Much merriment was gained from their name (they took it from the detectives in bowler hats who featured in the Tintin comics) as there were three in the band; none of them were twins; and none of them were called Thompson.


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Much merriment was gained from their name (they took it from the detectives in bowler hats who featured in the Tintin comics) as there were three in the band; none of them were twins; and none of them were called Thompson. Nick McCabe has mostly remained quiet after the breakup, although he has recently worked with a few artists, notably John Martin and Leeds based band, The Music. The two divorced in 2004. Richard Ashcroft has also enjoyed a successful solo career, debuting with 2000's Alone With Everybody, followed by Human Conditions in 2002. The band have, however, declined to follow the examples of many of their contemporaries and reform to tie in with a nostalgic rebirth of the 1980s. Tong has also appeared as a live replacement for departed Graham Coxon in Blur. Bailey and Currie, despite years of denying romantic inclinations at the height of their fame, got married and now raise their family in New Zealand while still occasionally dabbling in music under the name Babble. After the band's final collapse, Simon Jones and Simon Tong formed a new group called The Shining along with former Stone Roses guitarist John Squire.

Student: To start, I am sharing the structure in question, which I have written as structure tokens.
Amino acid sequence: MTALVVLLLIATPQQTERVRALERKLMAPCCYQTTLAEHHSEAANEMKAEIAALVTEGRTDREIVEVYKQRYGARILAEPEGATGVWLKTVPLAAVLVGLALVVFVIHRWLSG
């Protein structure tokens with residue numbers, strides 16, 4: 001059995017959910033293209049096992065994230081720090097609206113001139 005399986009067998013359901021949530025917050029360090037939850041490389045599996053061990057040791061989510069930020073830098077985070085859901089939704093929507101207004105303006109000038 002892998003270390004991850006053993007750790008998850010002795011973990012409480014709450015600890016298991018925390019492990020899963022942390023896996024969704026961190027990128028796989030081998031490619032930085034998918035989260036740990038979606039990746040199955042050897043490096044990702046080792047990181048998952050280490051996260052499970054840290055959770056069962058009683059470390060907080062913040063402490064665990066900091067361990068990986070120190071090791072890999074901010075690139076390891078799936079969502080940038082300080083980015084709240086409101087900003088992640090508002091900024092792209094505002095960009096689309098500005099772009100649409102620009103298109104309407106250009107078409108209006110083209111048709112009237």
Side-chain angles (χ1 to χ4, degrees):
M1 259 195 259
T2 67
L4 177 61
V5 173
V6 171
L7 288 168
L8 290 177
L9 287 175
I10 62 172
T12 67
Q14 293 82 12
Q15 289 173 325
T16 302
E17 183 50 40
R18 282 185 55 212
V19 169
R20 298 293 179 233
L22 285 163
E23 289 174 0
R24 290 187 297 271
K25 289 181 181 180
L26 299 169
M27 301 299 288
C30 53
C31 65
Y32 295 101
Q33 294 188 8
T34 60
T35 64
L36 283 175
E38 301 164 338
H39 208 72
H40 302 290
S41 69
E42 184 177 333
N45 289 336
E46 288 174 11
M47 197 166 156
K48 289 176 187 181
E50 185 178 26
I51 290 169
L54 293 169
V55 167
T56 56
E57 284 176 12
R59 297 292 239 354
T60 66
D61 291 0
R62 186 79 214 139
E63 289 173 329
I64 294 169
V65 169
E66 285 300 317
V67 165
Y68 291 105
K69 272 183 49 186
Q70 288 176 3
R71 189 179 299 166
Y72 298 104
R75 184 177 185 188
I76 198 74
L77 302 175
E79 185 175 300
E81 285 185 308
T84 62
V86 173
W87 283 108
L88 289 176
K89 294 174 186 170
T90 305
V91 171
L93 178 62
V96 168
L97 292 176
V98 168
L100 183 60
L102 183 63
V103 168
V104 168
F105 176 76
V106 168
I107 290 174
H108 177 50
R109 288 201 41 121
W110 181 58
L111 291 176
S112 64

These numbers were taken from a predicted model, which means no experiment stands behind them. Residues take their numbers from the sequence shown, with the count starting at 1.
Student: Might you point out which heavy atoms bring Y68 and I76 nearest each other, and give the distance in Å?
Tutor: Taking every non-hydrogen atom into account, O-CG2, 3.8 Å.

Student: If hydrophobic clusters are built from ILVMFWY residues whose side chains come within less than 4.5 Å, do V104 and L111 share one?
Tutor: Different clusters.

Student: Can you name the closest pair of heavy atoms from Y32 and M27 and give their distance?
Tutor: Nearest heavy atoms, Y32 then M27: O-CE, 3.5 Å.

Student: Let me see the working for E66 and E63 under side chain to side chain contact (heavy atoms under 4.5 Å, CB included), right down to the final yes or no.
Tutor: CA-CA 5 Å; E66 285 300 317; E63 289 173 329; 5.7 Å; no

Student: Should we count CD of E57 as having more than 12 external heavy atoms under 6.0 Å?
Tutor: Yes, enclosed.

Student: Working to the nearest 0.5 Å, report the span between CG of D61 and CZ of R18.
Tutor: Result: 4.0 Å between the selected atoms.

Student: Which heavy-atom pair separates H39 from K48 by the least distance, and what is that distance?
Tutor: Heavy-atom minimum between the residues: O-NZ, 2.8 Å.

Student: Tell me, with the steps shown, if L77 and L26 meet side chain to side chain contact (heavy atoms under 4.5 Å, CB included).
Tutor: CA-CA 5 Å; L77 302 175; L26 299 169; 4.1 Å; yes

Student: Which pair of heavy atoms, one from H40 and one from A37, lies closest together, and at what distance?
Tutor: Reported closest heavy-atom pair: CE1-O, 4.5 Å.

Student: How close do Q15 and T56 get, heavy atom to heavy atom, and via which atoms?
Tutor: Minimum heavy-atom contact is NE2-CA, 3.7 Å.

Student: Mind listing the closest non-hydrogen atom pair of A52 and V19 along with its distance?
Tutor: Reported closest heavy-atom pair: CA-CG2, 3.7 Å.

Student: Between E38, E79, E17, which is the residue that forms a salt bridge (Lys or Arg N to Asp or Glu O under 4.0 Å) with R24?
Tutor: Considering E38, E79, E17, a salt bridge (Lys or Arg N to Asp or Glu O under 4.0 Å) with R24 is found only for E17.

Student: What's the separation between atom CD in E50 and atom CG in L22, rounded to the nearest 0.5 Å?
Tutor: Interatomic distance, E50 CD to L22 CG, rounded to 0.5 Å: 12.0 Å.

Leeway left and the remaining duo soldiered on for another seven years, only occasionally puncturing the singles charts and never again making the Top 40. After a year of inactivity, the Verve officially announced the end to their careers in 1999. As the most talked about and hippest woman on the planet at the time, her appearance with the Thompson Twins should have helped their cause further, but by the end of the year, by which time they'd enjoyed three US Top 10 hits, they'd plummeted substantially. Ashcroft was unable to exude his powerful stage presence when playing the guitar, and the live shows lacked the energy that existed when the talented McCabe was onstage. In 1985, they had three hits which were palpable compared to the previous year's highs, but still made headlines when they performed at the American end of Live Aid and were joined onstage by the fresh-faced Madonna, who was in only her second year of fame. Ashcroft took the duties of lead guitar for the rest of the tour, which resulted in unfavorable reviews for the band. The trio had peaked. Things got worse when Nick McCabe suddenly pulled from the tour and decided he couldn't tolerate the constant life on the road any longer (some speculate that the incident with Jones and McCabe's relationship with Ashcroft were the reasons).